This paper gives a brief overview of common non-invasive techniques for body composition analysis and a more in-depth review of a body composition assessment method based on fat-referenced quantitative MRI. Earlier published studies of this method are summarized, and a previously unpublished validation study, based on 4753 subjects from the UK Biobank imaging cohort, comparing the quantitative MRI method with dual-energy X-ray absorptiometry (DXA) is presented. For whole-body measurements of adipose tissue (AT) or fat and lean tissue (LT), DXA and quantitative MRIs show excellent agreement with linear correlation of 0.99 and 0.97, and coefficient of variation (CV) of 4.5 and 4.6 per cent for fat (computed from AT) and LT, respectively, but the agreement was found significantly lower for visceral adipose tissue, with a CV of >20 per cent. The additional ability of MRI to also measure muscle volumes, muscle AT infiltration and ectopic fat, in combination with rapid scanning protocols and efficient image analysis tools, makes quantitative MRI a powerful tool for advanced body composition assessment.
Organ specific fat measurements using MRI. A new quantitative imaging method with automated analysis.
The aim of the proposed study is to investigate relationships between fat distribution and other factors related to the metabolic syndrome. Most population studies are today using BMI, Waist to Hip ratio or total amount of body fat as measurements and biomarkers for obesity. Imaging methods are now being introduced and can offer improved accuracy and reproducibility for the biomarkers indicating obesity related diseases. A new automatic analysis method is here proposed for the analysis of abdominal MR images acquired within the UK Biobank study, offering a unique possibility to quantify abdominal fat distribution. These measures of fat distribution will be returned to the UK Biobank enabling access to these biomarkers for the research community, thereby supporting obesity-related research in line with the purpose of the UK Biobank. We expect that the proposed work, to quantify and localize fat volume in specific organs of importance, will enable identification of new and more specific biomarkers for chronic diseases where body composition plays an important role. This will have great impact in many of the proposed research projects starting or already started within UK Biobank. After MR scanning, we will analyse the data and quantify abdominal fat and subcutaneous fat in the abdominal region, as well as thigh muscle volume, using automated image analysis. These measures will then be correlated to other factors related to obesity and the metabolic syndrome, such as genetic and demographic data, life style and dietary information, blood analysis data and metabolic information. We intend to analyze the full cohort of the UK Biobank imaging study.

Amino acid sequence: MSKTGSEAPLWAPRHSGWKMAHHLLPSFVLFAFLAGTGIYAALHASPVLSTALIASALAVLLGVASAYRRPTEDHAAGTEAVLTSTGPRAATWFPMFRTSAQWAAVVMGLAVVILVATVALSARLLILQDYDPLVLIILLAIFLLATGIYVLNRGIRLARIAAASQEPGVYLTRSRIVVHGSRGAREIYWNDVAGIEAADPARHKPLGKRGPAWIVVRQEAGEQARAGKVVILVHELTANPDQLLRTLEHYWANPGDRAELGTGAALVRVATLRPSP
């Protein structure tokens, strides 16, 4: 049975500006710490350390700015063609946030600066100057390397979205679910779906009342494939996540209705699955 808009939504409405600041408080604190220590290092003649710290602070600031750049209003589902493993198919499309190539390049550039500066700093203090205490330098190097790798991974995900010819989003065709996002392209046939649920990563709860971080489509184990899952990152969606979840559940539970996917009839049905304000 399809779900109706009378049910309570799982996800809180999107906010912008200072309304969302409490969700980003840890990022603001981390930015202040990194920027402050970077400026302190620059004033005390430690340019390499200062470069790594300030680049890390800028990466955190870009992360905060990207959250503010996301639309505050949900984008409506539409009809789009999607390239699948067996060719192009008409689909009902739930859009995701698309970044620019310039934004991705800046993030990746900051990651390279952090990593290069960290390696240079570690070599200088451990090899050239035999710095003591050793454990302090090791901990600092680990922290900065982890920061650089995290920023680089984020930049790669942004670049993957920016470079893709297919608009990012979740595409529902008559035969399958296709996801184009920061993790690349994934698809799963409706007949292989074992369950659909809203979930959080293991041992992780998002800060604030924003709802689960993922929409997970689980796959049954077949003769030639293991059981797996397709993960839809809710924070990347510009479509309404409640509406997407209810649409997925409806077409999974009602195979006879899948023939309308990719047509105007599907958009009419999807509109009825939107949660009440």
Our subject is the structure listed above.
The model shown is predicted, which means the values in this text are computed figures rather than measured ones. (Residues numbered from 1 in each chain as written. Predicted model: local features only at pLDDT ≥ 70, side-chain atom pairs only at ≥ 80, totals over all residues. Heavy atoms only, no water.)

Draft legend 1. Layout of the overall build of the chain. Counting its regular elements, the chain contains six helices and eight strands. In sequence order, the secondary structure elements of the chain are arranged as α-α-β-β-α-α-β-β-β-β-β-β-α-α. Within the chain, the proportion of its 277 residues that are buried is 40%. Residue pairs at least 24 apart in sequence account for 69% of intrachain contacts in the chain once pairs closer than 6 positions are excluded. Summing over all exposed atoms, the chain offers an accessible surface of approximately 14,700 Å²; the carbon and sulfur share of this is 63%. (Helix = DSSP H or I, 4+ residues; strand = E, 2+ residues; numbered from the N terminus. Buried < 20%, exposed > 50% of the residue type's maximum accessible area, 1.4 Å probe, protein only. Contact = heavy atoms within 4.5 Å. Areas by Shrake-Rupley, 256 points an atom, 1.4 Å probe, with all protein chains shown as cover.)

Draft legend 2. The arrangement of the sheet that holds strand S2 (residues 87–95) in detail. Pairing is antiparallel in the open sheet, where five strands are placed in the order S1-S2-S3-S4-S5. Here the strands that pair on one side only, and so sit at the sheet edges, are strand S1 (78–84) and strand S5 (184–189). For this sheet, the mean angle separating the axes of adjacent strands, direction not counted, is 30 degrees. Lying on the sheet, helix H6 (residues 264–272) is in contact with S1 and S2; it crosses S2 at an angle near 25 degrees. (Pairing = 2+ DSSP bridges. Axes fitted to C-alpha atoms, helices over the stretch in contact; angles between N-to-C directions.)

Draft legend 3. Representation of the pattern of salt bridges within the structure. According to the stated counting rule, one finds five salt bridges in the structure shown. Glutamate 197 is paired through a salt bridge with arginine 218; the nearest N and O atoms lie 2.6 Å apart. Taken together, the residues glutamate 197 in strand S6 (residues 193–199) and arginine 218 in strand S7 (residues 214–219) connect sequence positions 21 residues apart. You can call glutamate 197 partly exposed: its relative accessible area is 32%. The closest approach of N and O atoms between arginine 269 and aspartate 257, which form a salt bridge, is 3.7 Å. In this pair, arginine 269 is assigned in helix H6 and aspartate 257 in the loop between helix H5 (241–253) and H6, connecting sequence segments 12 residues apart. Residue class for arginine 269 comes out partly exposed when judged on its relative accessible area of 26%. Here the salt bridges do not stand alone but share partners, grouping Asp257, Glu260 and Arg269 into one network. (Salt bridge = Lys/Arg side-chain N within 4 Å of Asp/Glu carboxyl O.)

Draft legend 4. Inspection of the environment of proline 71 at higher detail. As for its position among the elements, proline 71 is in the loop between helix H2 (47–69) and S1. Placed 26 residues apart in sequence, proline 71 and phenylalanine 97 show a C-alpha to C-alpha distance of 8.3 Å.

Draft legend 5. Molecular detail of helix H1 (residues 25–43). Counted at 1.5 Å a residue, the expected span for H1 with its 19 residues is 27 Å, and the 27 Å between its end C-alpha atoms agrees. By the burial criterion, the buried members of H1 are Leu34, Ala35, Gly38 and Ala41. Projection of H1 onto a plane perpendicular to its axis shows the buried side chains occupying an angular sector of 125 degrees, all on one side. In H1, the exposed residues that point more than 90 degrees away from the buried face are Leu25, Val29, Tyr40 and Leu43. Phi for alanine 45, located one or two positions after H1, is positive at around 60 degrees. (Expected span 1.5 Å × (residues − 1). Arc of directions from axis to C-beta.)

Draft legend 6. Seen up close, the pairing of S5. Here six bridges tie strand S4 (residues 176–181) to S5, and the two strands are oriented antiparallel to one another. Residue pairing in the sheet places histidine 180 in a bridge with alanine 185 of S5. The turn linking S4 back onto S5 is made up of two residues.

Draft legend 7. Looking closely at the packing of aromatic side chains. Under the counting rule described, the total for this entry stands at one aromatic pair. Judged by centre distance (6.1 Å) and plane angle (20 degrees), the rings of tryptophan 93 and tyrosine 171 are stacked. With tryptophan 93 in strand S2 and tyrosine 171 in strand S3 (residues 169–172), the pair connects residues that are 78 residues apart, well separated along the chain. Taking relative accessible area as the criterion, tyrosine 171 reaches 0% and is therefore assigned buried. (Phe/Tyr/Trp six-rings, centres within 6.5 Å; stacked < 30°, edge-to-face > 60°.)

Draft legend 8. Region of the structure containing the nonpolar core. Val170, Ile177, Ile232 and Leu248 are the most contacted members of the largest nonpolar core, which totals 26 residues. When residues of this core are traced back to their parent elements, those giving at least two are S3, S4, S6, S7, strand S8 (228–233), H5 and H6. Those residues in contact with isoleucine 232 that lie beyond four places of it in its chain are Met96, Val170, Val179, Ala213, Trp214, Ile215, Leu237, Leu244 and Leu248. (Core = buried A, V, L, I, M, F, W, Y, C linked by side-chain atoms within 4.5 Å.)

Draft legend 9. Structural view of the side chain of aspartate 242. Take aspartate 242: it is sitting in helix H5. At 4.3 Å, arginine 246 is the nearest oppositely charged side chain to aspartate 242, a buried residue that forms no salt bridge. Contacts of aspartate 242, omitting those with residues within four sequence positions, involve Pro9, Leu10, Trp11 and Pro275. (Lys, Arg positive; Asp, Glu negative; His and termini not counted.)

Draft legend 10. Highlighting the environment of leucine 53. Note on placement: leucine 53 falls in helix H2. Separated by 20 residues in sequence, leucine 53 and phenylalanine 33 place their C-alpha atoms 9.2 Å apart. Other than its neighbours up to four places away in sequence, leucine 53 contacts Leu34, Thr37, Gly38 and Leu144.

|Lead investigator:||Dr Olof Dahlqvist Leinhard|
|Lead institution:||Advanced MR Analytics AB|